One of the main reason many people own a firearm is to help protect their home, family and selves from intruders. Over the past decade, there have been many reports of someone using a firearm to stop home intruders. Here are just a few examples:
In 2013, a Houston family were at home in the evening when a young man knocked and thinking he was their to see their son, the dad opened the door, the young man and 2 other armed intruders pushed his way inside, knocking the father down to the floor. The son grabbed his dad’s gun and confronted the intruders and shots were fired. One intruder was killed and the other two fled, but none of the family were injured.
In 2014, three armed intruders kicked in the door to a home in Hockley, Texas. The mom was cooking breakfast. Dad, two grown sons, granddaughters and an employee were in the house. One of the sons heard the commotion, grabbed one of his parents’ guns, entered the kitchen and started shooting at the intruders who were threatening the lives of the young girls. He shot and killed one of the intruders and the other two fled.
In 2015, a 13-year-old boy was home when two men tried to break in through the backdoor. He grabbed one of his moms loaded guns and confronted the intruders as they continued to try to break in. The boy fired through the door. One of the would-be intruders drove his accomplice to the hospital where he died from his wound.
In 2017, 17-year-old Kimber Wood was home alone, after everyone had gone to work. Her boyfriend heard from a deputy that a thief was at large in the neighborhood, so he called and warned Wood. She called her father to ask permission to use one of his guns to protect herself in case someone broke in and he said she could. She grabbed a handgun, put it under her pillow and went back to bed. She was then woke up by the sound of someone breaking into the home. She grabbed her dad’s handgun confronted the intruder and ordered him out of the house. Facing the girl with the gun, the intruder fled.
These are just a few of the many reports of someone in a house using someone else’s gun to protect themselves and family members.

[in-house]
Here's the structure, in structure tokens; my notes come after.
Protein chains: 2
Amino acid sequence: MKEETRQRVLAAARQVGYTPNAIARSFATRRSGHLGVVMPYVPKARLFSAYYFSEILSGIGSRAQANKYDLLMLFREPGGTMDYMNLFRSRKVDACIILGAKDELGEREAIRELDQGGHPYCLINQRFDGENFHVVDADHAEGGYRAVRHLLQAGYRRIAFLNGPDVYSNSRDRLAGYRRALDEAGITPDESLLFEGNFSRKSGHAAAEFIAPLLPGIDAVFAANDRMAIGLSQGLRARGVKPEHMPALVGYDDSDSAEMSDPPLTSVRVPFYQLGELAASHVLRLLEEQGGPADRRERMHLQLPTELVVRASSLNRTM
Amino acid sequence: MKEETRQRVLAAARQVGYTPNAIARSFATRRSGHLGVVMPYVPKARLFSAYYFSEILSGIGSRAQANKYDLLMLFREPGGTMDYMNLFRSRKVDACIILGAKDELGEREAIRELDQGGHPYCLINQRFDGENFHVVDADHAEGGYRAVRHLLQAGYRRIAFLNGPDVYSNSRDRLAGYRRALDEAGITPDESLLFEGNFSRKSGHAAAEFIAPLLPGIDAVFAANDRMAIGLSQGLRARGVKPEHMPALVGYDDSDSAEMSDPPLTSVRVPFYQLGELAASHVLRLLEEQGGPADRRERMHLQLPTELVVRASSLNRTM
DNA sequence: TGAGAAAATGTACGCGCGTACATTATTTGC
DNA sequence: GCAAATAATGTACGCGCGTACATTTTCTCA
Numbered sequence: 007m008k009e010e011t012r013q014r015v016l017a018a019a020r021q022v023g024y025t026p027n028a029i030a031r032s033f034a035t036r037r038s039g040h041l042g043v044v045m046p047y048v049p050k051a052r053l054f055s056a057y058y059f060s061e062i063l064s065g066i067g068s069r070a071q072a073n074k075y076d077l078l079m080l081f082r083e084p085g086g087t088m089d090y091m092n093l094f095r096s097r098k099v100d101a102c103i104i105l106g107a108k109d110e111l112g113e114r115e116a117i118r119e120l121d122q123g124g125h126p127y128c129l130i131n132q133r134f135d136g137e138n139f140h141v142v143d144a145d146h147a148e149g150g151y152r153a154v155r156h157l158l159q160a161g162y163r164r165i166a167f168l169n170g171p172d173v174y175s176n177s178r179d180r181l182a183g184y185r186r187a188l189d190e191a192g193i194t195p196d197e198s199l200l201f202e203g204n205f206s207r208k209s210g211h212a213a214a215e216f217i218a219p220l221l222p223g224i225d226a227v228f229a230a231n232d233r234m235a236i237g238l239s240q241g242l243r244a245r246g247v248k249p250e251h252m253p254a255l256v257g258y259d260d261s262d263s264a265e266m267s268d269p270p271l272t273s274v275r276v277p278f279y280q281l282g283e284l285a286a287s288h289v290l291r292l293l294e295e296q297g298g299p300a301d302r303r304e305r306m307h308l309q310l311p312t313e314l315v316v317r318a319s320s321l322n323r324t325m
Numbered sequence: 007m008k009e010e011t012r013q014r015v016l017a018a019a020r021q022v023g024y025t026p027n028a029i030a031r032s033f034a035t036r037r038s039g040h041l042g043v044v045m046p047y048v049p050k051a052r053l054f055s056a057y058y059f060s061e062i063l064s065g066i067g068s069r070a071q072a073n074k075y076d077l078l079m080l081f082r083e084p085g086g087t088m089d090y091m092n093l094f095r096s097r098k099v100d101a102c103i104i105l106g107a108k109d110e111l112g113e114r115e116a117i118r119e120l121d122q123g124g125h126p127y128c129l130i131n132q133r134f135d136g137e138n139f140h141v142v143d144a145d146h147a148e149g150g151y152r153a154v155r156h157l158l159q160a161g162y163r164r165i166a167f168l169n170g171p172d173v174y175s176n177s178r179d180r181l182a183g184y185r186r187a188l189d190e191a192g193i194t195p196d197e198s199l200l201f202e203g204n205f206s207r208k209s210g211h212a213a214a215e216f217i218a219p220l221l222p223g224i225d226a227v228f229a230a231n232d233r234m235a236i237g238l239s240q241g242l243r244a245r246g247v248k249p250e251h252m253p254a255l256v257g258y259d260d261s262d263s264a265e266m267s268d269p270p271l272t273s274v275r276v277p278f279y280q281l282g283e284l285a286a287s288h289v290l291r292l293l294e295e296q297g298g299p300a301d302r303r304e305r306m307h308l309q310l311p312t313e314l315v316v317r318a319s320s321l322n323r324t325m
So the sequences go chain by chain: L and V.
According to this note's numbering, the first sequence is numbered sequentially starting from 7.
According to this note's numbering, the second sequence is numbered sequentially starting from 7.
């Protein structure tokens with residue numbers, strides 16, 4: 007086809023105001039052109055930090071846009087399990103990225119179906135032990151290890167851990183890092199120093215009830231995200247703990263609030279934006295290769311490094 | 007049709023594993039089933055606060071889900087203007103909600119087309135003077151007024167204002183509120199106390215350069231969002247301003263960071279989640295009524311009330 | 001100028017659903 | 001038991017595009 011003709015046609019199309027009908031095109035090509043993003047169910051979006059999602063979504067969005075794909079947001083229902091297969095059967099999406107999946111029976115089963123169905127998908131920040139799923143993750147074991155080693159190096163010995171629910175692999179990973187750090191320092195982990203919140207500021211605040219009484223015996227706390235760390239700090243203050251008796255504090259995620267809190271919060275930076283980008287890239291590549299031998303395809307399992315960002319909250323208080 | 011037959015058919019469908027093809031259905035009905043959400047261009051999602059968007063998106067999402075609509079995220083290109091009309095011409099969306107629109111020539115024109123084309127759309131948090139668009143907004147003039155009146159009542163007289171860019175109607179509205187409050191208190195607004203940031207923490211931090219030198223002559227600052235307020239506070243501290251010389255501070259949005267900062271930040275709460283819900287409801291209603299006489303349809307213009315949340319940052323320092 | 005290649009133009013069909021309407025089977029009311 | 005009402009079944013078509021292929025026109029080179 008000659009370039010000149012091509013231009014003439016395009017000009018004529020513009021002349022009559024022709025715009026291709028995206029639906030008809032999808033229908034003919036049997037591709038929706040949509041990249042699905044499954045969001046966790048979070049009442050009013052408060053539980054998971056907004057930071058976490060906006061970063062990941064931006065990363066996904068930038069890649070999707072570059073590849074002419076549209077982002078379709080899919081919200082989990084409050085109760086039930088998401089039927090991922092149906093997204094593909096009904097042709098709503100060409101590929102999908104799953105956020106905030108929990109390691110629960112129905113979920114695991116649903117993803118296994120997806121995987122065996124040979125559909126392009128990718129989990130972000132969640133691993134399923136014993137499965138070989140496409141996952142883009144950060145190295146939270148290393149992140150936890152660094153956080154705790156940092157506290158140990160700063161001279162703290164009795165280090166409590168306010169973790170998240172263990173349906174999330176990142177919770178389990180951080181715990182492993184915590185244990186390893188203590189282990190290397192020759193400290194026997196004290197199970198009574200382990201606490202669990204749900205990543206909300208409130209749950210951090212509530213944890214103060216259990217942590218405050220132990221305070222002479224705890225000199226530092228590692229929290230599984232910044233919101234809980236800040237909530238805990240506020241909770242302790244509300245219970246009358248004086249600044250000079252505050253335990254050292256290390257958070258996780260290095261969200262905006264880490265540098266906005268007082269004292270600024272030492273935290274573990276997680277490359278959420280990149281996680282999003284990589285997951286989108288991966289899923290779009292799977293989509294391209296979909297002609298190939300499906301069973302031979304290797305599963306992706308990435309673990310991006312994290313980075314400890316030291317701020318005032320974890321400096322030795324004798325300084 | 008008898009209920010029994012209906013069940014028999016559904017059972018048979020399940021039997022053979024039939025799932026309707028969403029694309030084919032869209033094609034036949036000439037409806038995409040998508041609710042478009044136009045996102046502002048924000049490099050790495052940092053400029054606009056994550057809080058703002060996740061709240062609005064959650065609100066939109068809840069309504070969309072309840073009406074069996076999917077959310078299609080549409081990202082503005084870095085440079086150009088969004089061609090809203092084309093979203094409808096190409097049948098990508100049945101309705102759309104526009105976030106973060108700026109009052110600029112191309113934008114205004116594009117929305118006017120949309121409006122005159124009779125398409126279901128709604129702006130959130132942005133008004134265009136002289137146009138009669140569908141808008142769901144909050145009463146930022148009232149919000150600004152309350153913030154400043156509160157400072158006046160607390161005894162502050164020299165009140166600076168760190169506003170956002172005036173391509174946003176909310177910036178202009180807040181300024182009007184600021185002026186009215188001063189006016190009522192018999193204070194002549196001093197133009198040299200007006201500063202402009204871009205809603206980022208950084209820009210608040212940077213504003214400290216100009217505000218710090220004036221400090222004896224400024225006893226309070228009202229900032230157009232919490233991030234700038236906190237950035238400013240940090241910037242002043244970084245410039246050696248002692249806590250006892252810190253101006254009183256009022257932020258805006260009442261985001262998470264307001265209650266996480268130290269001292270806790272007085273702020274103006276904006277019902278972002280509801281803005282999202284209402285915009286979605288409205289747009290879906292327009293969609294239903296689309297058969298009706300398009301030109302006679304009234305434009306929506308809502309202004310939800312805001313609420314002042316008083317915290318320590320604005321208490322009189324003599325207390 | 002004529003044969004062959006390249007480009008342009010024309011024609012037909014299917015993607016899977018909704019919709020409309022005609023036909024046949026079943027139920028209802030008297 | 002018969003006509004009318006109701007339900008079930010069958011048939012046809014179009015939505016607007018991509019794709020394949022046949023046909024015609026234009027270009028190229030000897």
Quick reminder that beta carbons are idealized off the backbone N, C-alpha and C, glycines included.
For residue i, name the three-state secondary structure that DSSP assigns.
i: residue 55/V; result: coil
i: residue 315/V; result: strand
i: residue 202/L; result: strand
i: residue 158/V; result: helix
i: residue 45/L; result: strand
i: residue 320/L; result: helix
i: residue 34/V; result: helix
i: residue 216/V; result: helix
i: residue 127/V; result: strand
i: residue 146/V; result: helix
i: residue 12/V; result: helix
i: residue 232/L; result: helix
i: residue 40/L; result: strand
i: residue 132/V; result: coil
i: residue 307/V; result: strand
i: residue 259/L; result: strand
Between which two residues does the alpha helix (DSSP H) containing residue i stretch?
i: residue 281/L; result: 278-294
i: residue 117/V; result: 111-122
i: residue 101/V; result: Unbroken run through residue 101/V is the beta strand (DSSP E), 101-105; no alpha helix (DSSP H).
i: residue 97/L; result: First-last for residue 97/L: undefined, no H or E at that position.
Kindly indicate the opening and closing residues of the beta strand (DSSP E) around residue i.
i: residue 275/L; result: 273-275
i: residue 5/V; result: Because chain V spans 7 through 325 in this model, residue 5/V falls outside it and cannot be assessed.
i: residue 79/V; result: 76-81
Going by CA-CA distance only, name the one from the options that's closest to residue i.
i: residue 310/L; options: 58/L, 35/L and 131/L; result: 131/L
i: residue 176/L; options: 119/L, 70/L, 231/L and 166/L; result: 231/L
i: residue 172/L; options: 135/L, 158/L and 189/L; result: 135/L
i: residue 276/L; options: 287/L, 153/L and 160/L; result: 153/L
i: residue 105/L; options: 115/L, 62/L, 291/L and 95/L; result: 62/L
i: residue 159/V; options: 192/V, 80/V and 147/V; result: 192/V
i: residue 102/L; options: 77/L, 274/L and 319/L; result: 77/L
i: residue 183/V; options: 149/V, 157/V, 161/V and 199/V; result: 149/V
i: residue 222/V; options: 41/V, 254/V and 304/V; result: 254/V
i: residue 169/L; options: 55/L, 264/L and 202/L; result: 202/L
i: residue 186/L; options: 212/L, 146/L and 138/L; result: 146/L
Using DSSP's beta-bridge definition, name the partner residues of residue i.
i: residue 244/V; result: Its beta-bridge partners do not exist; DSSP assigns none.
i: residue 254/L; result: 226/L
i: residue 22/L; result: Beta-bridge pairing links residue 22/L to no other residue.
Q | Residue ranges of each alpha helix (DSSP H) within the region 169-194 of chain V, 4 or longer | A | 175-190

However, anti-gun Rep. Jim Himes (D-CT), has introduced a bill into Congress that would have left all of those possible victims listed above without any means of protection and at the mercy of the armed intruders.
Last week, Himes introduced HR 6109. Congress.gov lists this bill as:
“To amend the Internal Revenue Code of 1986 to provide an enhanced research credit for the development of smart gun technologies.”
The bill is designed to use our tax dollars to spur the technology in developing smart guns. Himes explains:
“If we can incentivize manufacturers to invest in smart gun technology and encourage consumers to buy those products, we can prevent more accidents, reduce violence committed with stolen guns, protect children and bring overall fatalities down, and, let’s be very clear, saving lives is the absolute top priority.”
His motive may sound great, but there is a major problem with smart guns. They are designed to only be operated by the owner of the gun, which means in the case of home intrusions, like those above, other family members would not be able to use the guns for protection. They may be good to prevent accidental shootings especially by kids, but they make the guns useless for family protection and could leave families with a false sense of security and even placing them in more danger of being harmed. When in a home intrusion situation, you panic and react, meaning that family members will instinctively grab a smart gun, forgetting that it wouldn’t work for them. When intruders see a gun, they tend to react and shoot first and standing there holding a gun that won’t work because you’re not the owner, you end up dead, a victim of smart gun technology.